Pfizer CEO Albert Bourla has conceded that it is very "likely" that a vaccine-resistant coronavirus will emerge. Speaking during an appearance on Fox News, the Pfizer CEO says that it is not a question of if but when. Nonetheless, the pharmaceutical company says that its scientists are always looking at any new variants that appear to find a way around them.
Pfizer however notes that so far it has not identified any variants that are beyond vaccine efficacy. But they are working hard to ensure that if indeed such a variant appears, the company will be ready to address it.
In addition to this, Bourla said that Pfizer is also looking to start producing a modified version of its current vaccine to deal with these variants three months after they are discovered. Bourla added that Pfizer has managed to develop a process that will allow its scientists to develop a vaccine option for any variants that come up within 95 days.
The CEO also expressed confidence in its current vaccine saying that they are not only safe, but they have done extremely well to reduce the risk of death and hospitalization among affected patients. So far, vaccines have proved quite effective.
Even though the US has seen a surge in new COVID-19 cases linked to the delta variant, a massive percentage of deaths and hospitalizations have been linked to people without a vaccine. But the spread of the delta variant is casting a shadow on the use of the vaccine. There have been cases where vaccinated people have been infected by the virus.
There is also a fear that these mutations may continue and at some point, a variant will emerge that may wreak havoc even in vaccinated people. The US government noted that people may need a booster shot of the Pfizer vaccine to curb the delta variant. It's not clear whether the third shot will be a modified version of the vaccine that people received in the first place.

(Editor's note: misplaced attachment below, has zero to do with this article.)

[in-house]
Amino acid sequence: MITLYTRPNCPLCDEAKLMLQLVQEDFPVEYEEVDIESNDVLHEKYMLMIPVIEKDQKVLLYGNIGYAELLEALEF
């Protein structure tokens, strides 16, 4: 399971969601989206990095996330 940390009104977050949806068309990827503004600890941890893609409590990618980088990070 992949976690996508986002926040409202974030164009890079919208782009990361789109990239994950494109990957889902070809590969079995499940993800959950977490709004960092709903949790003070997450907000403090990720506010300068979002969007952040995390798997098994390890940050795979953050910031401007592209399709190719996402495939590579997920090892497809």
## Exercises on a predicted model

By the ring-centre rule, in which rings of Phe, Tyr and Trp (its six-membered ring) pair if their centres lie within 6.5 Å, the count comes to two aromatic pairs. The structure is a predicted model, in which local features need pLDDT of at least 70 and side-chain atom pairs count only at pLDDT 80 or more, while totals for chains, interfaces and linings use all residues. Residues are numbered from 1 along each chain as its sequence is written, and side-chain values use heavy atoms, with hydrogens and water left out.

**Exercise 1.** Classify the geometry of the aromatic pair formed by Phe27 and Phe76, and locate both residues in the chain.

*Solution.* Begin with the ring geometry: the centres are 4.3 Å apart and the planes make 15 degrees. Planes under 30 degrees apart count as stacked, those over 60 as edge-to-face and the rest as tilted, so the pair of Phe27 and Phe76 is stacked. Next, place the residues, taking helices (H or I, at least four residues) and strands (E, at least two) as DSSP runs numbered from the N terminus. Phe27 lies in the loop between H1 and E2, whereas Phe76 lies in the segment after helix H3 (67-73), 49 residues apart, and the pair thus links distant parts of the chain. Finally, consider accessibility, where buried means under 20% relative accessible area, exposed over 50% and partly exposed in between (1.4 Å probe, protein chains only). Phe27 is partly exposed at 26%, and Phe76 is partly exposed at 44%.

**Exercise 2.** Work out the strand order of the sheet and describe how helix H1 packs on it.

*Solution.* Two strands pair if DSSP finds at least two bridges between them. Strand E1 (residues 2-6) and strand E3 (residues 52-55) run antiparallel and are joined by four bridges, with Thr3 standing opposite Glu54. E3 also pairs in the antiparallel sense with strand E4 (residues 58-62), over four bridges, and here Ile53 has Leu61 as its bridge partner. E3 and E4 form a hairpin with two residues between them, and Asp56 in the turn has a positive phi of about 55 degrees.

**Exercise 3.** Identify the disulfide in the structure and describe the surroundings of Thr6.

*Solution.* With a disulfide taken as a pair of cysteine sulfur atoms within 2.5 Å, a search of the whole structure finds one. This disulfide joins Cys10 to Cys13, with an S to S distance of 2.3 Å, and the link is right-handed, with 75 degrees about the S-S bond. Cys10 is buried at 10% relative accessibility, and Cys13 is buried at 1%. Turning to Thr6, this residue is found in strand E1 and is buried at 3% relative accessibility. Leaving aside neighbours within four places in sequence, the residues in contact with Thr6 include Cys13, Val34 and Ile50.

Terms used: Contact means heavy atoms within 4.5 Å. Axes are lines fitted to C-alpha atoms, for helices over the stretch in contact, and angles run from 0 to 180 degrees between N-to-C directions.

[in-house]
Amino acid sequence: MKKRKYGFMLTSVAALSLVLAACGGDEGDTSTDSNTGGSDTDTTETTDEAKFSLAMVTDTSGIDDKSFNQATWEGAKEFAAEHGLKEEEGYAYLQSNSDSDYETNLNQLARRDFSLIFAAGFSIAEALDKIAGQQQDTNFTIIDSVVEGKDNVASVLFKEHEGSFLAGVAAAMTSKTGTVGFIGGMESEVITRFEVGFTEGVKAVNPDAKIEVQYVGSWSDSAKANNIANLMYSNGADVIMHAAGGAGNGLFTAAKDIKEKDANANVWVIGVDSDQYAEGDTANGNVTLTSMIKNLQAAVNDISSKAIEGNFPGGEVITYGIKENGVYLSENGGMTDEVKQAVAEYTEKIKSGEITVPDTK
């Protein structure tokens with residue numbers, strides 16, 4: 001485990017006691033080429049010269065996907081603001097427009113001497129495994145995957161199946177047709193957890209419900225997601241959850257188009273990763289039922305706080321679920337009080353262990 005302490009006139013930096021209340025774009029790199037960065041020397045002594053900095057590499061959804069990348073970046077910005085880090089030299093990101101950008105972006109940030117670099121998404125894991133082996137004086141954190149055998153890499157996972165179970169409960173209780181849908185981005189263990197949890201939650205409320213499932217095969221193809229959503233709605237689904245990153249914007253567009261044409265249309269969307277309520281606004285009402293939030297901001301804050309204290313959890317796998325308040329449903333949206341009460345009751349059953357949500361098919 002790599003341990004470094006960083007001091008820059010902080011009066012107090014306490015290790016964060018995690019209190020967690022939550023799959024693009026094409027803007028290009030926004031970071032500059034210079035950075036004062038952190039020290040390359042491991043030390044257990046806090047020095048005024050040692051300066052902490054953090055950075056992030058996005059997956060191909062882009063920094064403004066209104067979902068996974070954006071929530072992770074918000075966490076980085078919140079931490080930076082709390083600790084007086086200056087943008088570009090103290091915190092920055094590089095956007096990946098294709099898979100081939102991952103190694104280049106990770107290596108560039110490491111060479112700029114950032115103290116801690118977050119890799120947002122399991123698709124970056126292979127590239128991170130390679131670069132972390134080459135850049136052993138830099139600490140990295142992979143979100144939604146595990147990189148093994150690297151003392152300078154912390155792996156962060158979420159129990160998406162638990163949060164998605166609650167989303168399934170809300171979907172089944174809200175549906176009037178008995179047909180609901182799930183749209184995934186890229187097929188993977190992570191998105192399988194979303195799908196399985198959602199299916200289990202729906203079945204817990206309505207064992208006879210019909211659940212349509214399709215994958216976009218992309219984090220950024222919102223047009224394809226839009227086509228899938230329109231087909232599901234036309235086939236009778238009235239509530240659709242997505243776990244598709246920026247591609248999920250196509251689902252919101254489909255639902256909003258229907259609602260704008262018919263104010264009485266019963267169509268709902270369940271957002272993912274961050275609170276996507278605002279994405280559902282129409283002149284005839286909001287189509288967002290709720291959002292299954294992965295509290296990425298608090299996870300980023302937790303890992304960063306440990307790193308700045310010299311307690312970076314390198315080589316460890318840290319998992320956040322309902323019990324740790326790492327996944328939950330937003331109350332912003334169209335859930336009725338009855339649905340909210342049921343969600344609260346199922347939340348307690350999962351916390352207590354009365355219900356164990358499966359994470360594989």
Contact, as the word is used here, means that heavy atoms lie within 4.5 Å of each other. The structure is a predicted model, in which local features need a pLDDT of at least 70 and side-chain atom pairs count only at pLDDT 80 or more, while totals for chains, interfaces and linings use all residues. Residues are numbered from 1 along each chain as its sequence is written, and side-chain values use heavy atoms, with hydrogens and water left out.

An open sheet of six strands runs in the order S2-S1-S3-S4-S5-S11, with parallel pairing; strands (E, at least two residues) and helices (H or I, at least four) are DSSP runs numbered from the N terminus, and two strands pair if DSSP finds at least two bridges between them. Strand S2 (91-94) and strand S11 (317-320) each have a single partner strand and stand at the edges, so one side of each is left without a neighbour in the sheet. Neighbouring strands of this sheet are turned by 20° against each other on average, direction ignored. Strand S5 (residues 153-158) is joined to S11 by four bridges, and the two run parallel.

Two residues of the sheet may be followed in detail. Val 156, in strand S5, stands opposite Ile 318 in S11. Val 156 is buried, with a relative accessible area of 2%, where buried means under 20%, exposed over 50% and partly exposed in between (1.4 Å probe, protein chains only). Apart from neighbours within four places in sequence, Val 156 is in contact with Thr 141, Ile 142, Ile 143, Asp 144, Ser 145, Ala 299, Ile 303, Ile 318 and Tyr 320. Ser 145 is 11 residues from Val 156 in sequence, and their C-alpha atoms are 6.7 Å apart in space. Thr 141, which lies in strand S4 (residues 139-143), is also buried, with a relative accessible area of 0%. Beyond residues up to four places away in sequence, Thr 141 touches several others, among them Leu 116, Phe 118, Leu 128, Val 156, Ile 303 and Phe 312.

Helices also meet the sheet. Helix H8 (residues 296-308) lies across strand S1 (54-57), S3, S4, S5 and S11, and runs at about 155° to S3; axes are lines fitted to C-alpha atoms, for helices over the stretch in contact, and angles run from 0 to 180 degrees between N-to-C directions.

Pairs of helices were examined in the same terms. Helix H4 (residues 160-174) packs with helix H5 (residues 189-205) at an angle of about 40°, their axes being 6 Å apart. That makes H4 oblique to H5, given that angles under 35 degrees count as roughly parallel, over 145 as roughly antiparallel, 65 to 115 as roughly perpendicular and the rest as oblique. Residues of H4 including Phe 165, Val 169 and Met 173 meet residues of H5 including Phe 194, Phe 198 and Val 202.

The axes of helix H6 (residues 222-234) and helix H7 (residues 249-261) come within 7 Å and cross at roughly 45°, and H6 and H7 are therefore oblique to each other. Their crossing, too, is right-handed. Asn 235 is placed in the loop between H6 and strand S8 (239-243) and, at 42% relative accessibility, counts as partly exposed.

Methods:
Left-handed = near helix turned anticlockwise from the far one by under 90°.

But it looks like some of these large vaccine developers are getting ready for any eventuality. However, as long as there continues to be vaccine hesitancy, chances of mutation remain high. A report by the UK government noted that the increased cases of transmission among the unvaccinated create more opportunities for the development of new variants.
Nonetheless, the UK is one of the few countries with the highest national vaccination rates. The issue from a public health point of view is in emerging markets or developing countries.
Vaccination rates in emerging economies remain massively low and there is a risk that these low rates could provide enough room for the development of variants in the future.
The WHO has been calling for a global concerted effort to distribute vaccines around the world arguing that all countries will be safer if all regions get access to the vaccines. But as cases surge in the US and other major vaccine producers like India, it is unlikely that vaccines will become available for emerging nations.